Skip to main content

Geomicrobiologist in lakes (drying and freezing ones), rock licker, hip-hop digger


Our recent paper is out and available in open access in the Depositional Record : Banded Iron Travertines at the Ilia Hot Spring (Greece): An interplay of biotic and abiotic factors leading to a modern Banded Iron Formation analogue?

1 min read

We have a new paper out in @sedimentology journal the Depositional Record. We present a potential modern analogue for investigating the influence of microbes on formation --> Banded Iron Travertines of the Greek Ilia hot spring (link:






New paper out: Lateral variations and vertical structure of the microbial methane cycle in the sediment of Lake Onego (Russia)

1 min read

New paper finally out on our work with @UmrCarrtel on the sedimentary methane cycling in the ice-covered lake Onego : Available in at Inland Waters @SIL_limnology
Lateral variations and vertical structure of the microbial methane cycle in the sediment of Lake Onego (Russia)


My current research projects

6 min read

I am a geomicrobiologist with a geology background, interested in the impact of microbial communities on sedimentary environments. My main playground is lakes and their sediment. Lakes are diverse systems, that host immense potential for paleoclimatic and paleoenvionmental reconstructions. But the processes influencing the deposition, preservation and transformation (early diagenesis) of their sediment are also diverse and complex. Subsurface microbial communities are the main actors in this  environment. Hence, understanding their diversity, structure and activity is fundamental in order to access the full potential of lacustrine sediments as paleoclimatic archives.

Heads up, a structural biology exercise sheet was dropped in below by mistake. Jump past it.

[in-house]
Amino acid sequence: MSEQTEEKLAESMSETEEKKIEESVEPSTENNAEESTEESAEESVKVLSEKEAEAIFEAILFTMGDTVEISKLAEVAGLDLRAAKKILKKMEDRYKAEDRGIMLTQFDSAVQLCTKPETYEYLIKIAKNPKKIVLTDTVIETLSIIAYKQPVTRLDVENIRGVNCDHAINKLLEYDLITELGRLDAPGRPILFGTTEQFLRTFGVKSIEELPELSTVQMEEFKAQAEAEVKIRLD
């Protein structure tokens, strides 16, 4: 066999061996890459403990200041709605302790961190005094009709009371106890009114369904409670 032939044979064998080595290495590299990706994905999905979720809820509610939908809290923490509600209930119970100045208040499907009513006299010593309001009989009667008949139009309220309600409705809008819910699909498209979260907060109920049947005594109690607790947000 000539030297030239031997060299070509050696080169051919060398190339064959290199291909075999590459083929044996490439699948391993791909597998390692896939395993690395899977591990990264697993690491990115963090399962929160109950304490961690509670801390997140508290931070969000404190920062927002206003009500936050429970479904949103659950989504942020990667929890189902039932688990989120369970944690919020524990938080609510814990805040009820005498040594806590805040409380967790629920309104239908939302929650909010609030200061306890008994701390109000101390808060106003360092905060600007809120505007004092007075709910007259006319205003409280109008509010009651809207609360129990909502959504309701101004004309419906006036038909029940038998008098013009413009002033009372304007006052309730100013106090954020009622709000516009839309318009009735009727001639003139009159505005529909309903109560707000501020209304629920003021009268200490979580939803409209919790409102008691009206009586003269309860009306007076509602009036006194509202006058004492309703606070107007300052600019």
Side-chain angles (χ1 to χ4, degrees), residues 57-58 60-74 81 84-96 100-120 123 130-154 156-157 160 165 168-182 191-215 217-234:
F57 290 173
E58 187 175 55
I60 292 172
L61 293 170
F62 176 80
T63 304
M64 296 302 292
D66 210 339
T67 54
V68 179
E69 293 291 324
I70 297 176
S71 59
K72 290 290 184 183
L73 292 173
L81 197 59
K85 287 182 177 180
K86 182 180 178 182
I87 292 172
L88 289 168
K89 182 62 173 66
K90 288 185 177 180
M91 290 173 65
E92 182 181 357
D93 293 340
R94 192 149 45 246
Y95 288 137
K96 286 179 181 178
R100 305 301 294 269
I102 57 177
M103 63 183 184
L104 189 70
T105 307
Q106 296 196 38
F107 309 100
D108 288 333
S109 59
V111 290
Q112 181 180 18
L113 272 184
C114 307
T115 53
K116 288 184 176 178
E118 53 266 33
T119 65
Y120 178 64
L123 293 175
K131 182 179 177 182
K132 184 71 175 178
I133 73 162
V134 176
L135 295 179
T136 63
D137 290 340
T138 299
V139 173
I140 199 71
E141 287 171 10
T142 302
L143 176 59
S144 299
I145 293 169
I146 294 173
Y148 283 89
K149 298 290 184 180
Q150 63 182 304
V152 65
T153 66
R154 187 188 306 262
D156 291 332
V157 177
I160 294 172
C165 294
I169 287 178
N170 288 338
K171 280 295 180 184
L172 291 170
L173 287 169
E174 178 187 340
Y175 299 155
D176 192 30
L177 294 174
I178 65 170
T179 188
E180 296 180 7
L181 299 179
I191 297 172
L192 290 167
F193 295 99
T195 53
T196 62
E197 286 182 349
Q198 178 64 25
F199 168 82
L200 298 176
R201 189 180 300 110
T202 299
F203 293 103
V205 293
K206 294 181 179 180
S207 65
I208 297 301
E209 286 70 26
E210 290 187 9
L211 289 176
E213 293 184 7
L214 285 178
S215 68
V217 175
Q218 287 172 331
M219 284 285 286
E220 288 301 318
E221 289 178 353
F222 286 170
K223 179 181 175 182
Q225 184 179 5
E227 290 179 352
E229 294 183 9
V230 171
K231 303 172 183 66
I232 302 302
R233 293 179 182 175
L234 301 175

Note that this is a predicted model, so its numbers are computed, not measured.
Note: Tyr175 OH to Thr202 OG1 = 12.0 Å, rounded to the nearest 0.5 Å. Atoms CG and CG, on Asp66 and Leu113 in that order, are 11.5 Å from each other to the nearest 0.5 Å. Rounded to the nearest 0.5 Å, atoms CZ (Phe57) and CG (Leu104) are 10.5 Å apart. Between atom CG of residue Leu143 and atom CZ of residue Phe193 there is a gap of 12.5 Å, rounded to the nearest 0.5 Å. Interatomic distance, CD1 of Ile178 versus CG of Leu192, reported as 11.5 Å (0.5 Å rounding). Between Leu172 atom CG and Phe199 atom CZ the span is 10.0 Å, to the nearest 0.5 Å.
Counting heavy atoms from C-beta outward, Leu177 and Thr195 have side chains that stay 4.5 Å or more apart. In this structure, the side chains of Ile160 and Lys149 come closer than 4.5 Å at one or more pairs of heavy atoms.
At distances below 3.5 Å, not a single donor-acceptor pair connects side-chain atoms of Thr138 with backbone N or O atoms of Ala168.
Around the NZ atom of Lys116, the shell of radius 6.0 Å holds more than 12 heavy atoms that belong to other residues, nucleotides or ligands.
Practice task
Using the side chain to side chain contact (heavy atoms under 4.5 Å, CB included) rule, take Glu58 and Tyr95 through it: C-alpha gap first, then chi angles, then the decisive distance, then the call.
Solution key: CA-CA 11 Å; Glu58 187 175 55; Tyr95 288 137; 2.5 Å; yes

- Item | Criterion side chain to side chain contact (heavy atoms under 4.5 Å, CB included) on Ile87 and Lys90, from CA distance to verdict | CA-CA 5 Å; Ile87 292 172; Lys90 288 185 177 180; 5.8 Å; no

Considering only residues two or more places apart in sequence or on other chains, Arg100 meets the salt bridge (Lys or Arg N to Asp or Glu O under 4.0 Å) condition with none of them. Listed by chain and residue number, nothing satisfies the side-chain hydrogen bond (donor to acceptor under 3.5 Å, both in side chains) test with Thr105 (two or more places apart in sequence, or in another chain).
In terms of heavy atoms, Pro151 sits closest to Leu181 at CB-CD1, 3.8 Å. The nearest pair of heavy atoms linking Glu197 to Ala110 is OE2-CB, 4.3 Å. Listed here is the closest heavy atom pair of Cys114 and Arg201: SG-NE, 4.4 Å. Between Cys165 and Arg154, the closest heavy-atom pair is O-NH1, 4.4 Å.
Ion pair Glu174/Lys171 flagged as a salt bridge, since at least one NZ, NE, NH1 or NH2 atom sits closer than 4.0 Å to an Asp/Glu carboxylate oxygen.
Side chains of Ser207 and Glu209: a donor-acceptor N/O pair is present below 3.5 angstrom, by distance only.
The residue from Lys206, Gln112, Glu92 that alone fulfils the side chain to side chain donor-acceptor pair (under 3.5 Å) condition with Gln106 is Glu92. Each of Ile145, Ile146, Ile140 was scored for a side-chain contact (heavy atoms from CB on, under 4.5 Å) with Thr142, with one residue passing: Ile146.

We use a panel of classic methods from geology (microfacies analysis, scanning electron microscopy, geochemical characterization of minerals and organic matter) and biology (epifluorescence microscopy, DNA and RNA analysis through gene quantification and sequencing,) to apply cutting edge approach to the field of geomicrobiology.




Ironlake, Lake Fagnano

Lago Fagnano is an iron rich lake that exhibits a unique and anthropogenically undisturbed sedimentary record for the South American region. Within the ironlake project, our goal (together with Ina Neugebauer) is to constrain the modality of formation of iron minerals within iron-rich laminae in order to use iron isotopes as a proxy for climatic reconstructions. The analysis of active microbial communities involved in the iron cycle and their contribution to the formation and dissolution of iron minerals will be investigated to constrain the usage of lago Fagnano’s sediments as climatic archives.



Life under the Ice, Lake Onego

Boreal and sub-boreal lakes are important contributors to greenhouse gases (CO2, CH4) to the atmosphere. However, most global budget are calculated based on icefree periods, while most of these akes are ice-covered during a large part of the year. In collaboration with the Northern Water Problems Institute of Karelia, and a network of western-European universitites, we try to understand what are the parameters influencing microbial communities structural and functional diversity in relation to the methane cycle in the ice-covered Onego lake, in Russia.